• Prior to conception, all donors must agree with the intended parent that the donor has no parental or proprietary interest in the gametes or embryos.  If the donation was initially made anonymously to a cryobank or similar facility under a doctor’s supervision, a letter from the doctor or facility explaining that the donation is anonymous will be accepted as consent.
  • IP’s must pay a gestational carrier at a “reasonable rate” for up to 8-weeks after the baby is born. Ideally, attorneys for both the IP’s and surrogate will layout the details of compensation and timelines at the beginning of the relationship. Be aware that IP’s must also pay for their surrogate’s legal fees, health, and life insurance during the pregnancy and for 1 year after birth.

Have more questions about surrogacy in New York? Give our office a call! We would be honored to help you as you plan your family.

Are You Ready to Send Your Kids Back to School In-Person?

The Covid-19 pandemic has changed life as we know it. How do we get back to “normal”? Do we dive in? Is it too soon? What once might have been a simple answer has now become a debate of principle and safety.

So, how do you go about navigating the argument of whether or not to allow your child to go back to in- person learning?

Start by recognizing that both yourself and your child’s other parent have valid concerns and considerations.  Come to the discussion ready to truly “hear” each other’s views and then try to understand why they feel the way they do.  

 Here are a few points of discussion to get you started.

Potential Reasons to Return to In-Person LearningPotential Reasons to Continue Virtual – Learning
The structure of the live classroom can lead to increased focus because there are fewer distractions.

It’s easier for students to get their teacher’s immediate attention.

Socialization. Kids need to be around other kids- period.

Studying in-person reduces eye-strain caused by staring at the computer screen all day.

In-person classes help reduce the need for childcare while parents are at work.

Returning to school increases access to free meals, internet, and other resources for low-income students.

Teachers don’t have to waste learning time on troubleshooting technical issues and making sure everyone is able to “log in.”

Studies have shown that the students who are in the physical classroom get more attention by default.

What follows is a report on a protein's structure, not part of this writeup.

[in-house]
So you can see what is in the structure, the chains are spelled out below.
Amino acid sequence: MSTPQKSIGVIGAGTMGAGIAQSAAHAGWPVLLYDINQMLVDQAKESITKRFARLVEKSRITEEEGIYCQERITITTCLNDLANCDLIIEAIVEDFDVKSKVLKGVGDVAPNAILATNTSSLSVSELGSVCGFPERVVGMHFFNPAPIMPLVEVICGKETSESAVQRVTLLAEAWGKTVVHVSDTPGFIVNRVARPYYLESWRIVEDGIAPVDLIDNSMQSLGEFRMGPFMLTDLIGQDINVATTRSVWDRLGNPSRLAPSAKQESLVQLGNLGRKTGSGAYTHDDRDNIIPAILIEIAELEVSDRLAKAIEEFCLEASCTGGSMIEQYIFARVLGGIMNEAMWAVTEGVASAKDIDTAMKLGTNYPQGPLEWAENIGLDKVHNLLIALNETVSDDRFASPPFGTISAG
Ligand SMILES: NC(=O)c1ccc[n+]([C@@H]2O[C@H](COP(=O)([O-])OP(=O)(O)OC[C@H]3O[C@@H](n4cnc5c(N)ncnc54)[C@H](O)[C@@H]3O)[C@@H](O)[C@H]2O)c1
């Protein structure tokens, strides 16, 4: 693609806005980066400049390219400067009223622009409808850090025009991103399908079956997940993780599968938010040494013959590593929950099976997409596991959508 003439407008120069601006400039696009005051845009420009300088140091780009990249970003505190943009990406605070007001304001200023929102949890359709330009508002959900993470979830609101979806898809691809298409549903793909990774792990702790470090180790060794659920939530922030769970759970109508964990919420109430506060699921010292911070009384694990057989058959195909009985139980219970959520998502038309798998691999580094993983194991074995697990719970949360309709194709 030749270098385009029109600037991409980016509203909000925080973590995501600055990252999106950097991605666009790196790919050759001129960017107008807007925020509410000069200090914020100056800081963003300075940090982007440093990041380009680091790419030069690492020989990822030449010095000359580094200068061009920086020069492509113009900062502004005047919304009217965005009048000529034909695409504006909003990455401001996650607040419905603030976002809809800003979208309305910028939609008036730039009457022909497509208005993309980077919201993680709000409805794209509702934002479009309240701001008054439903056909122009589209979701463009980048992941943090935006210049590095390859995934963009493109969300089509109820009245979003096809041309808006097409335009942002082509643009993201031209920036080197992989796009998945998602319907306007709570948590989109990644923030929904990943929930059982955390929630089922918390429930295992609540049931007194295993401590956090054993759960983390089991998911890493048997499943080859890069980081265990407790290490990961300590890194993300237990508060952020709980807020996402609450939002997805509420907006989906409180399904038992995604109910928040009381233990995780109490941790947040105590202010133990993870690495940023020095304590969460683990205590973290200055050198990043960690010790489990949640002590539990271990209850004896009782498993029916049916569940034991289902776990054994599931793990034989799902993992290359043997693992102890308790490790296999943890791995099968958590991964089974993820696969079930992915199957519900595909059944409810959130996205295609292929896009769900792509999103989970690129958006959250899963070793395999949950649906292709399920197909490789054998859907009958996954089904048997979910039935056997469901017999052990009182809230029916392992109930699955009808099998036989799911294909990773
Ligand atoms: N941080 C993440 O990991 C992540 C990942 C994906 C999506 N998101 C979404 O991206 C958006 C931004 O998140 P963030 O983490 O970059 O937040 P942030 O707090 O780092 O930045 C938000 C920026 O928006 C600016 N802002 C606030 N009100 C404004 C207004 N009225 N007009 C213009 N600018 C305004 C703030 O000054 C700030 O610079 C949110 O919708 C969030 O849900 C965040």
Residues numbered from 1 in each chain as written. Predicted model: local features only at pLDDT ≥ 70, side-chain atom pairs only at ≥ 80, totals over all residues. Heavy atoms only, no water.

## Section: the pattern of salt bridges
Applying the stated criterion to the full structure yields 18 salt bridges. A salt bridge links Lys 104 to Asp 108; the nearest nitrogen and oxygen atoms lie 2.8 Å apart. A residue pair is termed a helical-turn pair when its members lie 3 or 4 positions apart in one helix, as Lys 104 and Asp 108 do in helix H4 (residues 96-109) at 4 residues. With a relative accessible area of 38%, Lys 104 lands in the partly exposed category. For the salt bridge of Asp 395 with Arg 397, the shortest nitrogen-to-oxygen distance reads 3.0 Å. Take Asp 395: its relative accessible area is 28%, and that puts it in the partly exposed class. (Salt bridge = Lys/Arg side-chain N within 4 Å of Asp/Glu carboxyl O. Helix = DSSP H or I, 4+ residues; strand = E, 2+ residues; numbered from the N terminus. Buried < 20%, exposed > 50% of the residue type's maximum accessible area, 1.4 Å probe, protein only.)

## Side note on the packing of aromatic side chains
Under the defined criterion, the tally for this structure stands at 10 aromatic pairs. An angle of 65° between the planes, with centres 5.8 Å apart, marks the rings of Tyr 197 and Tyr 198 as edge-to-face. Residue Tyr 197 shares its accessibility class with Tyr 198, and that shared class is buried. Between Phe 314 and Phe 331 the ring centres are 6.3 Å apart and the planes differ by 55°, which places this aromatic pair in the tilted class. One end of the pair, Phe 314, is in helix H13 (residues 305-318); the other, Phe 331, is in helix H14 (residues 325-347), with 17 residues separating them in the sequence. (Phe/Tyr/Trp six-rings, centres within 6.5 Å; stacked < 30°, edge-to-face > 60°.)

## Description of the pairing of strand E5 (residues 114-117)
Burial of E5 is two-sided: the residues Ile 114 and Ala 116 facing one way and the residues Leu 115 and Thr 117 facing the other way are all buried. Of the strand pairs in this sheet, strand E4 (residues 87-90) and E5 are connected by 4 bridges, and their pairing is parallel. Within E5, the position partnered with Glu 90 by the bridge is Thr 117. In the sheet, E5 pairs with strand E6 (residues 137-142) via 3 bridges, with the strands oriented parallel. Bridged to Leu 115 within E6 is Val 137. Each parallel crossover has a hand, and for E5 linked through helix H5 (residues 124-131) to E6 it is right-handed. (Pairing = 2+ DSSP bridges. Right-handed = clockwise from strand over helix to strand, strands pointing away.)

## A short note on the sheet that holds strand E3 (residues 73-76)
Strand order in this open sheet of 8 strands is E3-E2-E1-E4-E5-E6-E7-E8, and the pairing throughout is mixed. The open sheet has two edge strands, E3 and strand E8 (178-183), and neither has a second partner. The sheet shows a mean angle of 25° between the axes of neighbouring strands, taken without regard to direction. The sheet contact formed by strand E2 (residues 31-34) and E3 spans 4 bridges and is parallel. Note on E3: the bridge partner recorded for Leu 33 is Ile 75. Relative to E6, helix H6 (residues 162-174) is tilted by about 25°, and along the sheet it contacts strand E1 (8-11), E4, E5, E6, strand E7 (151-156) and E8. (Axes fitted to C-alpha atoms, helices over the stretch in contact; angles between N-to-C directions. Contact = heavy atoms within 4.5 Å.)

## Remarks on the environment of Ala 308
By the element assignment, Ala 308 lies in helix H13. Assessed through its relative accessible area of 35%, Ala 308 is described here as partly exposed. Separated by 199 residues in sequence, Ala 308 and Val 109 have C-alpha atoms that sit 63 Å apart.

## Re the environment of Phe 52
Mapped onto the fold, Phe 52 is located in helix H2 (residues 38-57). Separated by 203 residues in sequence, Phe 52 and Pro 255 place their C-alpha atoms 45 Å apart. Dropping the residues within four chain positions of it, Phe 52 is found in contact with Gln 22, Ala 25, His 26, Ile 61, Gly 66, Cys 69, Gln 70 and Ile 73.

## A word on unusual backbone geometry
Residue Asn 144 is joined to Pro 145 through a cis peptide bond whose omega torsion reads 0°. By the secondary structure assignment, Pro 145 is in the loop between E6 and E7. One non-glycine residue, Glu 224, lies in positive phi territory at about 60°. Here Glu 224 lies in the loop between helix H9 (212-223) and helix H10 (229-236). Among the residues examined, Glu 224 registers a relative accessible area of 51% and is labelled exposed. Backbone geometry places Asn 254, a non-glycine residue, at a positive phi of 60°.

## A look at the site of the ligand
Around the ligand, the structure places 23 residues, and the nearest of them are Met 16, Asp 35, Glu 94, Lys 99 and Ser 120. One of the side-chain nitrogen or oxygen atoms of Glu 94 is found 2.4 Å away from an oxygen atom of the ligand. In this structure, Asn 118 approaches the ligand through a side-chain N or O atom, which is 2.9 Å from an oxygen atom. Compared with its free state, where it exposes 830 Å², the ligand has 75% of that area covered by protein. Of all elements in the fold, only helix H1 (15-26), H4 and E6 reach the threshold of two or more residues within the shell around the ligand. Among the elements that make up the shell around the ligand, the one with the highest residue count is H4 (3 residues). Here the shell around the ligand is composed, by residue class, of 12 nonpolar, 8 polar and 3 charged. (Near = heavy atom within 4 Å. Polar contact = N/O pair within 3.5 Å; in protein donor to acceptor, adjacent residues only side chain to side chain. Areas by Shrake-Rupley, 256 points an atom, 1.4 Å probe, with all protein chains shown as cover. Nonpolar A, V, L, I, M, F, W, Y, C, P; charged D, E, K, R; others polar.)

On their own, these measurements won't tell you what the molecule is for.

The privacy of the classroom allows for debate and student discussion with less potential for being recorded or overheard. This promotes a safe space for the exploration of ideas.
Parents can mitigate the risk of germ-spread and the threat of COVID-19 within their household.

There is no commute to and from school, (think- no more carpools or bus rides!)

Students don’t have to wear a mask or worry about social distancing rules amongst their immediate family.

Flexibility to study in any convenient location with an internet connection. As a result, there are more opportunities for the non-custodial parent to have increased visitation with the children.

Remote learning enables parents to be more involved with their child’s learning.

Some students learn better in a solo environment.

More time for family bonding.

More time for increased creativity and expression.

After you’ve shared your thoughts with your co-parent, consider doing the following:

  1. Ask your child how they feel about continuing remote learning or going back to school.  What do they think are the PROS or CONS of returning to in–person school?
  2. Consider your child’s feelings and determine whether going back to school in-person will help or hinder them emotionally.
  3. Is there something that you would need to change in order to feel more comfortable with one of the above PROS or CONS?

At the end of the day, there is no right or wrong answer.  Being an effective co-parent means keeping the best interests of your child first while working together. It’s up to you both to decide what the best decision for your family really is.  Each family is unique, and it is okay if what works for your family isn’t what works for the family next door. As with any challenge in your co-parenting journey, what matters most is that the children are okay.  

Want to chat more about co-parenting during the Covid-19 pandemic?  Give us a call.